One of the classics I’ve been avoiding, #10 Jane Eyre is available for free on Project Gutenberg and in the Kindle store.
I was a bit wary of starting Jane Eyre. I’ve read it before and enjoyed it, but somehow expected it to be dull or trite simply because it’s old: it’s neither of these things.
I read quite a lot of historical fiction, and occasionally found myself thinking ‘did they really say / think / do that at the time?’ quite as though Charlotte Brontë was a modern author. As the book was first published in 1847, they clearly did.
My point is that the language is (largely) clear and easy to understand – there were only a couple of archaic uses which my dictionary couldn’t help with. (Incidentally, this is a major advantage of having an ereader – I would put down a book to pick up a dictionary about once a year but I’ll happily mouse over any word I’m curious about.)
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Having last read Jane Eyre as a teenager, I had only a hazy memory of the plot and it had been corrupted further by the alternate versions in Jasper Fforde’s excellent novel, The Eyre Affair. I was expecting Jane to drift through the book, bouncing off the other characters, like a pinball guided by Fate. In fact, pretty much everything that happens is down to Jane’s own decision-making. I found I liked her very much (although I’m not sure we’d be close friends, and I’d hate living in her world) and was impressed with her fortitude.
All in all, I enjoyed Jane Eyre and would definitely recommend it. There is the usual caveat for works of its era: there’s nothing good about anything outside white, middle/upper class Englishness (which includes: India and Indians, the French, Jews, poor people, workers) and the treatment of mental illness while typical for the period is typically appalling.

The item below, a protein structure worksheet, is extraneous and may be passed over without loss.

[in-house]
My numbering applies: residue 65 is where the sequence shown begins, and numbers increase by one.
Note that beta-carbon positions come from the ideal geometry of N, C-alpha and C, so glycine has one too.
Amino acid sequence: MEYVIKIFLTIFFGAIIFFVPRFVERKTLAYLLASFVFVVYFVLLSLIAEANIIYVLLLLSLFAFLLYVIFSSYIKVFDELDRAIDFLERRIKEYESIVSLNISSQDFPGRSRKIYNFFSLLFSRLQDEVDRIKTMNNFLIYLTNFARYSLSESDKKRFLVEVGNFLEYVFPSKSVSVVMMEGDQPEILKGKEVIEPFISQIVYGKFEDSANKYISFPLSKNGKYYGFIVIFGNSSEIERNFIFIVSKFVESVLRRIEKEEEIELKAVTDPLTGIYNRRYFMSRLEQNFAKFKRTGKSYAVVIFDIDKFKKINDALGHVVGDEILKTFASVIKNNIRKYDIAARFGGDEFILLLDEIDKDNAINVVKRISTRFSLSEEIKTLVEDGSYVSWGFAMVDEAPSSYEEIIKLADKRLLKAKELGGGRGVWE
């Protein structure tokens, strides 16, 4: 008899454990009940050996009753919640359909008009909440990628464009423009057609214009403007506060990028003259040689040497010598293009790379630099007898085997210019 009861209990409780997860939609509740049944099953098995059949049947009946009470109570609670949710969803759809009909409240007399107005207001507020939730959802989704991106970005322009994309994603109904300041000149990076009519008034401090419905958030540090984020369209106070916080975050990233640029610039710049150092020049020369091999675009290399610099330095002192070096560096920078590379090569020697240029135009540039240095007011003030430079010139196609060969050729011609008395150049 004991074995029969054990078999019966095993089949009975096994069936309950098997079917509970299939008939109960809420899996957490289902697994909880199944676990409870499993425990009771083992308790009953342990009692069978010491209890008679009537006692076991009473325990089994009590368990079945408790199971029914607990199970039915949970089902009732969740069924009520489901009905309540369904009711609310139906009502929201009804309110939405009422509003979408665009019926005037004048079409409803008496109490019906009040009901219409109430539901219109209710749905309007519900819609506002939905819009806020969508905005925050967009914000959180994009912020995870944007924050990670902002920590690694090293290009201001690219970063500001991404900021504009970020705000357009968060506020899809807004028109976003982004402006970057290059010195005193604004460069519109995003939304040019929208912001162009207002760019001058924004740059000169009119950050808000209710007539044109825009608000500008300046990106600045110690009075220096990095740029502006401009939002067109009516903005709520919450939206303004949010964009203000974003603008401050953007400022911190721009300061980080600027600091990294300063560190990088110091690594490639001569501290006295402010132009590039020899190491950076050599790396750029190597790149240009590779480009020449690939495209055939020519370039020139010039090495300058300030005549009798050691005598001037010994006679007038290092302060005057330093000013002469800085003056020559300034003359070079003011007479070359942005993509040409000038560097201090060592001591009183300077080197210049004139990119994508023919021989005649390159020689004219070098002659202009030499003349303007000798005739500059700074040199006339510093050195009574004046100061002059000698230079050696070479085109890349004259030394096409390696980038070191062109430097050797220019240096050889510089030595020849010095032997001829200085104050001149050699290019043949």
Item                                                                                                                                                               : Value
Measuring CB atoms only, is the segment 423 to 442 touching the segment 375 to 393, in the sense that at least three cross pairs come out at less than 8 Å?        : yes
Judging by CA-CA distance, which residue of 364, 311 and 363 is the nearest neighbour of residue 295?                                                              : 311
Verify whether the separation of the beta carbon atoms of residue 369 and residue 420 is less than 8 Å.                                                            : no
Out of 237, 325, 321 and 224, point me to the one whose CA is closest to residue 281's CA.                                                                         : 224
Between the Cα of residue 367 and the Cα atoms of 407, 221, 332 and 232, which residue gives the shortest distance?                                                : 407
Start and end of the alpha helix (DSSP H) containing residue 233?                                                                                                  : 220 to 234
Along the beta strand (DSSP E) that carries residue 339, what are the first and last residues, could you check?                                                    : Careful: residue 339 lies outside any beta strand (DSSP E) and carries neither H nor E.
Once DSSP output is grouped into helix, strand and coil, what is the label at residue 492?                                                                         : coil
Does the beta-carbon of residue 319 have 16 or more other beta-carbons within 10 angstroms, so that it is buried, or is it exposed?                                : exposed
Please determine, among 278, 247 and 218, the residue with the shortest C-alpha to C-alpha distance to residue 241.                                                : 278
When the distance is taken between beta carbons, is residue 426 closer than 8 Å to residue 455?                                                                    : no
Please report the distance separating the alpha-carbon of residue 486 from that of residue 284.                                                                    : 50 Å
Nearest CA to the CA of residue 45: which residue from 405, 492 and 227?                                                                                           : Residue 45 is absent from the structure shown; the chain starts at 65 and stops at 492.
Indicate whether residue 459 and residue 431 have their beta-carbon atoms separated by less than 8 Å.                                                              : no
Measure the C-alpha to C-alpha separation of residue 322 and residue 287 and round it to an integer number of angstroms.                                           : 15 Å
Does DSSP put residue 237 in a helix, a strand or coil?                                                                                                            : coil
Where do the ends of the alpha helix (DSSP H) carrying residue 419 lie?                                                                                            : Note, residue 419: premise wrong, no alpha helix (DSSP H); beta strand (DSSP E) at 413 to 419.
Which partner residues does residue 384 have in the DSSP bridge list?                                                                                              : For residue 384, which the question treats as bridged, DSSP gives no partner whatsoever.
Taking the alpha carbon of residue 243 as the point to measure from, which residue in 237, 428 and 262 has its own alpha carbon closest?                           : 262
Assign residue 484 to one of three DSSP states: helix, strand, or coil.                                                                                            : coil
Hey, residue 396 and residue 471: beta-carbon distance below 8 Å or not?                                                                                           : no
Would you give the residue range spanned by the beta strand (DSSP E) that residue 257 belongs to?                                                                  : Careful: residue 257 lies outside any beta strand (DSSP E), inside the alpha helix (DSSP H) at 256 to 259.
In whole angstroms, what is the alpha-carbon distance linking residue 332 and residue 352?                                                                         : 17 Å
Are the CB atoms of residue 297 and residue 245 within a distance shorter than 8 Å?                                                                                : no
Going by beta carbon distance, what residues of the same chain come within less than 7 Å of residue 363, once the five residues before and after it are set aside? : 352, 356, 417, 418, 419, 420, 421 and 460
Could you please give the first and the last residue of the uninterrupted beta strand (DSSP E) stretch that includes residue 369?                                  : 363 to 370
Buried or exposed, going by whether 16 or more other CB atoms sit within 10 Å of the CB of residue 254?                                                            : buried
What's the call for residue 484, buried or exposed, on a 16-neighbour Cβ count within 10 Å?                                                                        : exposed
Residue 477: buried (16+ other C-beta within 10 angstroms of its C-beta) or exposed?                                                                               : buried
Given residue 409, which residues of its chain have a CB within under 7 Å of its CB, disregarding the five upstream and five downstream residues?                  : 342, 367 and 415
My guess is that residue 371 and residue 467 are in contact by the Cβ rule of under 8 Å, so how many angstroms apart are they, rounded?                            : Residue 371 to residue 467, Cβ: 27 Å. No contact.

Jane Eyre is unusual in that it has two descendents, novels written a century or more later by very different authors, and which I can heartily recommend. One is the well-known Wide Sargasso Sea by Jean Rhys and the other is The Eyre Affair by Jasper Fforde, which I mentioned above.
Rhys’ novel is literary fiction, and tackles the same events from a very different perspective. Reading the summary will provide spoilers for Jane Eyre if you known nothing about that novel, so I won’t go into detail, but it is well worth a read.
Fforde’s novel is comic fantasy, in a similar vein to Terry Pratchett. The main character works as a literary detective in an alternative UK where street gangs seem to deal in bootleg books, not dope, Wales is independent and the Crimean War is still going. It’s bonkers and zany, and gives you a very different view of the characters in Jane Eyre while answering the question: what does a romantic hero do on his day off?
Wuthering Heights by Emily Brontë is also on the list (at #12; none of Anne’s works made it) and I remember hating it when I read it and am really not looking forward to it, but perhaps I should face my prejudice and try it? After all, I remembered mildly enjoying Jane Eyre and was pleasantly surprise, so perhaps Wuthering Heights will come off well too…?